There are 8 different versions of Tractics rulebooks. The actual contents are identical. The rulebooks & Play Aids have three main differences in features: Binding, Chart "view" and Color. 4 Rulebooks' Binding are softcover with Perfect (square, glued "spine"), 2 are Coil (lays flat when opened). 2 Rulebooks "D & H" have a hardcover, slightly smaller 8.25x11" pages (instead of 8.5x11" like the other 6 rulebooks) and no color tabs on the edge of the page to note sections.
The charts in the back of the book are identical (just as all the rules' pages are identical) but for the shape: Landscape (at right) has the charts wider than tall and Portrait, taller than wide (below).
This is the example that Amazon gives for Standard Color which is printed on 55-pound paper stock.
For economy, Rulebooks A & B and the Journals are in Black Ink only. The rest of the products have color ink. In addition to the diagrams and illustrations, the color helps to tell which section is which: Direct Fire Mode, Infantry, Artillery, Morale etc.
Both Amazon and Lulu have an equivalent option for Standard & Premium color. What is the difference?
For some wargamers, the Premium difference may be worth it. So I include products at every price point so you can decide what you want.
The paper stock that they use for premium color is a bit heavier. Lulu's premium paper is heavier than Amazon's.
Both Amazon and Lulu have an equivalent option for Standard & Premium color. This is what Amazon says:
"Printing differences between standard and premium color ink
To lower printing costs, standard color paperbacks are printed on lighter paper (the same as our black-and-white paperbacks) using inkjet printers that are more efficient than the toner-based printers we use for premium color paperbacks.
Standard color is ideal for books with a high page count, and interiors with fewer images, where a balance between cost and quality is needed. Paperbacks printed in standard color have a matte finish and are different in sharpness and richness of color as those printed in premium color.
Premium color is ideal for image-heavy color interiors, like children's books, cookbooks, or photography books, where image sharpness and clarity is pivotal.
Note: Standard color is not available for Amazon.co.jp [and Australia]
Differences in detail page listings
You and your customers won’t be able to distinguish between the detail pages for books set up in standard and premium color ink."
This is the example that Amazon gives for Premium Color. For a non-art book, it does not seem like a big difference. Another difference is that Premium Color is printed on a bit smoother, 60-pound paper stock.
My experience during the Christmas season of 2021 is that Amazon was occasionally faster than they said it would be. For example, I ordered four softcover copies to be sent to the proofreaders on Thursday and normal shipping was to deliver it the following Tuesday. Three got it on Saturday and while the fourth was supposed to be delivered on Saturday, but it was Tuesday after all. On the other hand, the hardcover edition was to be ten days. With Lulu, the promised delivery was 8-11 days and as of today looks like it will get there in 8. So, the companies' estimates are pretty accurate or do better.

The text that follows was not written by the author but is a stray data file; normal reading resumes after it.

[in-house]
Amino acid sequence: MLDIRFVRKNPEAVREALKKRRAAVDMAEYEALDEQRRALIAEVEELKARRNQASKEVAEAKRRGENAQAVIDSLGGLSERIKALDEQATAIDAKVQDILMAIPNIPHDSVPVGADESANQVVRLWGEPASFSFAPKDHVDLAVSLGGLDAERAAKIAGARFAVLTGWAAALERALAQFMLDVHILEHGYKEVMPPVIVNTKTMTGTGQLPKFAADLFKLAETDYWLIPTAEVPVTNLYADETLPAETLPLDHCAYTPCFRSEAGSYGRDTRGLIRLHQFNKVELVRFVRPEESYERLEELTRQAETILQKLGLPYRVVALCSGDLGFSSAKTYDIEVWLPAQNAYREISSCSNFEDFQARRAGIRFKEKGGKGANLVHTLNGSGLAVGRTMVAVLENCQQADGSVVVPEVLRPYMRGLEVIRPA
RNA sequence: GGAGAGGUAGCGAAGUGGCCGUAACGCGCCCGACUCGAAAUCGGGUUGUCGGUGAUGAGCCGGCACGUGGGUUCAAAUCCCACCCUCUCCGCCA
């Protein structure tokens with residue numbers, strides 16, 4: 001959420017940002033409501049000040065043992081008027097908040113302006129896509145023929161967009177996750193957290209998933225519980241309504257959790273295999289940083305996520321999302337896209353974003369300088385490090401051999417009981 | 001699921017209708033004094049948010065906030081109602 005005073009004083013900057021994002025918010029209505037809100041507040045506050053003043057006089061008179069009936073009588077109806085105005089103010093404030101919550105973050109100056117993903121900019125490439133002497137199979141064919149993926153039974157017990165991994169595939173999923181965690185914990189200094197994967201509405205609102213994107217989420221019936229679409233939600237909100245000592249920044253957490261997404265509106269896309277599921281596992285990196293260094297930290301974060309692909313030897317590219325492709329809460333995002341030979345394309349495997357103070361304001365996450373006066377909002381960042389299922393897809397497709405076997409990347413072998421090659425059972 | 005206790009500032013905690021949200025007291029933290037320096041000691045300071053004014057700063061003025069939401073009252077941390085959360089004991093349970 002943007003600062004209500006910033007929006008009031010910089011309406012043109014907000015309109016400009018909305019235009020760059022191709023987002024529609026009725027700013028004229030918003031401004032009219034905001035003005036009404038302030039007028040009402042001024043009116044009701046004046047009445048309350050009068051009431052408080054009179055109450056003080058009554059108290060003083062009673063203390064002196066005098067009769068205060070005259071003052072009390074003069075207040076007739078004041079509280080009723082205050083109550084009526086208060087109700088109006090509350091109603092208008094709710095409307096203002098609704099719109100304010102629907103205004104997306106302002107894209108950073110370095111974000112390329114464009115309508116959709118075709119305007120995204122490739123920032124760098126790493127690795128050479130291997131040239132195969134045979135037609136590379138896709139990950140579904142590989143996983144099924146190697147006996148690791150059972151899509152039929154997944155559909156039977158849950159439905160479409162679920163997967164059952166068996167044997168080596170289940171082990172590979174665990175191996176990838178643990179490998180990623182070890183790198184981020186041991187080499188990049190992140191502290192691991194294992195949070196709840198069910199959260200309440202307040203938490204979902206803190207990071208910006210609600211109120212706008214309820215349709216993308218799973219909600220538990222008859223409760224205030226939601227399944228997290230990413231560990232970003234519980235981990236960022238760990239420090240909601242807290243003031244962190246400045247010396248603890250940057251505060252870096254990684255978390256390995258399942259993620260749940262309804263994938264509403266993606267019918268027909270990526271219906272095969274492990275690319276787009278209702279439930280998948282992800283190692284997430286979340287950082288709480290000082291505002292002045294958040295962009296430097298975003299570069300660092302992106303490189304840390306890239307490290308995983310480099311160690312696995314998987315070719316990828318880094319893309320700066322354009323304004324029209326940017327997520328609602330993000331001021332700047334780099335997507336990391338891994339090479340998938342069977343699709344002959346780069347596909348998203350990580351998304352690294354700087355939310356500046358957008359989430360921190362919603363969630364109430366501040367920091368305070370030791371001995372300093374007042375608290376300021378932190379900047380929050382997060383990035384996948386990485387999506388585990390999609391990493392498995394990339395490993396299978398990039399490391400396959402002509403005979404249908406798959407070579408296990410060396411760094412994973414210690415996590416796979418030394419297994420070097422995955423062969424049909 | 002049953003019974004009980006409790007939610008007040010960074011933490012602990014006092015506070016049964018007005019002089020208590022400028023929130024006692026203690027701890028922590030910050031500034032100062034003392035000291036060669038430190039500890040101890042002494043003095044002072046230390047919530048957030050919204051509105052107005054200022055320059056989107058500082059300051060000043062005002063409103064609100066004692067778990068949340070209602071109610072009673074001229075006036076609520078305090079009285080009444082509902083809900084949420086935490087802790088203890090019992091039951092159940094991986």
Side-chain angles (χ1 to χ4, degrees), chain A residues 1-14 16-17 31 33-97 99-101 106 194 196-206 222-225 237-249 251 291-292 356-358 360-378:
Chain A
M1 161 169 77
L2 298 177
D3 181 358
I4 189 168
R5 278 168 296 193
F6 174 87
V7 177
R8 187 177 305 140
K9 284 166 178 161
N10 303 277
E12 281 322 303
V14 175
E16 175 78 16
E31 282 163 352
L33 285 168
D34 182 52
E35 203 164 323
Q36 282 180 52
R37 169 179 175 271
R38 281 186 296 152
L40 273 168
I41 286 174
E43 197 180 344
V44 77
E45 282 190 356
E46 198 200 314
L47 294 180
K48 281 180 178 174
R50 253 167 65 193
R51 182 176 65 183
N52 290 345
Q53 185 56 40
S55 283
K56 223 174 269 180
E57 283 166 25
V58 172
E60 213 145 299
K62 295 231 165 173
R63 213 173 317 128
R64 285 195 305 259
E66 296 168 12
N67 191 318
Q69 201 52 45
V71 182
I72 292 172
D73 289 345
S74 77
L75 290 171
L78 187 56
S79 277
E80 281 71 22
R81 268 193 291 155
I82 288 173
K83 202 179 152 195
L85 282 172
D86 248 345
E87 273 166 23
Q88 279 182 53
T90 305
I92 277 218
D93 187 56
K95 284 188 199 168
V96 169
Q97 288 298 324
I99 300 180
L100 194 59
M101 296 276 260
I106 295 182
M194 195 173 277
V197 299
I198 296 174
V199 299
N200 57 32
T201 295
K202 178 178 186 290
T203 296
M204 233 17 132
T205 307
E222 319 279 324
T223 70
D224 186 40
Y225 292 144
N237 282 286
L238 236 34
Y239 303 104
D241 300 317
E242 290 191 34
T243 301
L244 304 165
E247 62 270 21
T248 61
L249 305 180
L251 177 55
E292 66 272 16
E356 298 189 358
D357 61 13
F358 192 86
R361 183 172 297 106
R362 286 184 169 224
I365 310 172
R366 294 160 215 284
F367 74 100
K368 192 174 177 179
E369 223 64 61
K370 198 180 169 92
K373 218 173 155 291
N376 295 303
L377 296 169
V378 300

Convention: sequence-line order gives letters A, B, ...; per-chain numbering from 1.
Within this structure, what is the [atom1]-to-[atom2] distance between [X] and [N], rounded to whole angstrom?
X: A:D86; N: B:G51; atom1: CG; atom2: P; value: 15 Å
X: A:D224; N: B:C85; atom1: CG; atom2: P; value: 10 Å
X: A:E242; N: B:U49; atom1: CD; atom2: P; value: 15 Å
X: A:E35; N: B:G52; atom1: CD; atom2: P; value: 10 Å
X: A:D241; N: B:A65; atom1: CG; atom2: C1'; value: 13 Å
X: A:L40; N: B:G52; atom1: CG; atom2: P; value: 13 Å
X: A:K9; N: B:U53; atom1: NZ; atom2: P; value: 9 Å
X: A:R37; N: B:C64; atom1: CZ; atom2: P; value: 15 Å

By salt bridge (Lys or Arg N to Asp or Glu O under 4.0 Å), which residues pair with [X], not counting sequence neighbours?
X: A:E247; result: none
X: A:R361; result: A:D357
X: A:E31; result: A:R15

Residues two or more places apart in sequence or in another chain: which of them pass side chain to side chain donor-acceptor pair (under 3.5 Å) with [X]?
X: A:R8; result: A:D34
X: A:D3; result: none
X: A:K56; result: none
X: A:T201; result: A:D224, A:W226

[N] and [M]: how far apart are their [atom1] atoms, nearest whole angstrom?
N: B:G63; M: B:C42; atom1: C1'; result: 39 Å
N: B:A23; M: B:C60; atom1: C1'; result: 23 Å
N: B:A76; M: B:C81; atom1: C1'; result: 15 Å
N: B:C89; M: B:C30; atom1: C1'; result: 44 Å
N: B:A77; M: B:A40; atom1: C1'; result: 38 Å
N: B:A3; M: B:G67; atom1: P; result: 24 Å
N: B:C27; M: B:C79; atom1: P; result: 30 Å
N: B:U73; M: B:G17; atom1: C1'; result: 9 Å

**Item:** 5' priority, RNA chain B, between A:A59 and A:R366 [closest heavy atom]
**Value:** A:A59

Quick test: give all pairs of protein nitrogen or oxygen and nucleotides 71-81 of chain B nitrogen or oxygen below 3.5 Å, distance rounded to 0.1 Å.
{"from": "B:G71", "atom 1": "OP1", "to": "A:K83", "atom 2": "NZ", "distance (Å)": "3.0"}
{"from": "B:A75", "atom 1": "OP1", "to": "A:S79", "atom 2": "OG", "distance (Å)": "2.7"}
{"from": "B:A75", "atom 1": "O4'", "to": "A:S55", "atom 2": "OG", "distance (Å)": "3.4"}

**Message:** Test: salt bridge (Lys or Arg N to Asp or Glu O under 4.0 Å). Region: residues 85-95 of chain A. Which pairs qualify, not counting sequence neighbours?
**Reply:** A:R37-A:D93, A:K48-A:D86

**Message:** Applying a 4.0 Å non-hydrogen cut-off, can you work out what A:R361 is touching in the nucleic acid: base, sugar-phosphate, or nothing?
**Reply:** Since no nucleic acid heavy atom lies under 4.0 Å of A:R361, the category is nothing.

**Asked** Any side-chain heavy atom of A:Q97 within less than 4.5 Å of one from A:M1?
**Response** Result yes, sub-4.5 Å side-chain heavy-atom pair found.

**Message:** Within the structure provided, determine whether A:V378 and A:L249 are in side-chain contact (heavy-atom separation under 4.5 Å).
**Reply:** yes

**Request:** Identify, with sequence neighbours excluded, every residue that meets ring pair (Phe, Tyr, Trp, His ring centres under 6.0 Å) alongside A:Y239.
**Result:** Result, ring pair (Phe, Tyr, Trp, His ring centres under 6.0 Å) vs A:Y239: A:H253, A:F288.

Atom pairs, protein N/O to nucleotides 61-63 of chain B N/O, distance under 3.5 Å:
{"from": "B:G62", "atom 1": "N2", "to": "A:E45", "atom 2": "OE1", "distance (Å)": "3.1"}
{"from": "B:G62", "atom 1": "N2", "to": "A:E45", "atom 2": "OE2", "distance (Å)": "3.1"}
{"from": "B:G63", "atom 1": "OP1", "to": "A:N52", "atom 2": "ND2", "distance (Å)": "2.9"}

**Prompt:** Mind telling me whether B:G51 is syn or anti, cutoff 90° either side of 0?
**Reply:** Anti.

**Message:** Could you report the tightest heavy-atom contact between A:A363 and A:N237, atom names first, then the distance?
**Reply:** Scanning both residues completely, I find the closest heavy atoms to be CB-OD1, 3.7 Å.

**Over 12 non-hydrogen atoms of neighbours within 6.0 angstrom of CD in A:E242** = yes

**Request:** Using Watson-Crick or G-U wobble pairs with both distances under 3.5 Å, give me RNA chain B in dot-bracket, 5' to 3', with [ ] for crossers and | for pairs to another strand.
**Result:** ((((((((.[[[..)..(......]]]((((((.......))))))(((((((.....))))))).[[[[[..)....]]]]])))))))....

Another consideration is return policies. See the FAQ for links to those and other issues.
I have made many different editions so that you have choices. But that can lead to indecision. I initially thought that the black ink edition would be fine for me, a thrifty guy. But once I assembled the color ink edition, I thought it's nice. To me, the hardcover is not as appealing as the coil-bound approach—it lays flat when opened. The critical caveat with the coil is whether the pages will fall out with heavy use. Several buyers are very satisfied with the coil.
I should mention that part of my plan is to make a chart wall as we had back in the day. So I already got Chart Supplement #1 and had a print shop cut the binding off. I should mention that some of my friends have said that the non-vehicle charts in the Portrait are a bit small for them. Since I will have a chart wall, the Portrait-view in the rulebook is okay. And I am nearsighted, so I can look over my glasses to read smaller print than some are comfortable with.
*Once one has read the rules, most use of the rulebook is having a handy reference when making up scenarios. Otherwise, most of the game is played with reference charts. When we played a lot, we bought three rulesets to make up a chart wall (charts in the first edition were printed on both sides), plus a three-ring binder with sheet protectors for scenario design and the players to use during the game.
Back to Tractics
The unique feature for the PDF version: hyperlinks!
Hundreds of hyperlinks that allow you to instantly find in-text references to other parts of the book, a table of contents with links to 81 major sections, similar bookmarks, hundreds of links from the Index*, and links to navigate the Game Reference Charts and their rule sections.
On Game Reference Charts (like the German Vehicles pages shown here), there are multiple links when there are more than one page for a nation.
Other links take you to the relevant rules page for that chart.
*Plus with a PDF you can enter CTRL/CMD-F and Find all occurrences of any term in a blink of an eye!
Free Play Aids to Download
Tractics has numerous play aids and scenarios available, including the newsletter Duckbills: free to download. Described in Duckbills issue #4, here is a spreadsheet that automates the DFM, Direct Fire Mode: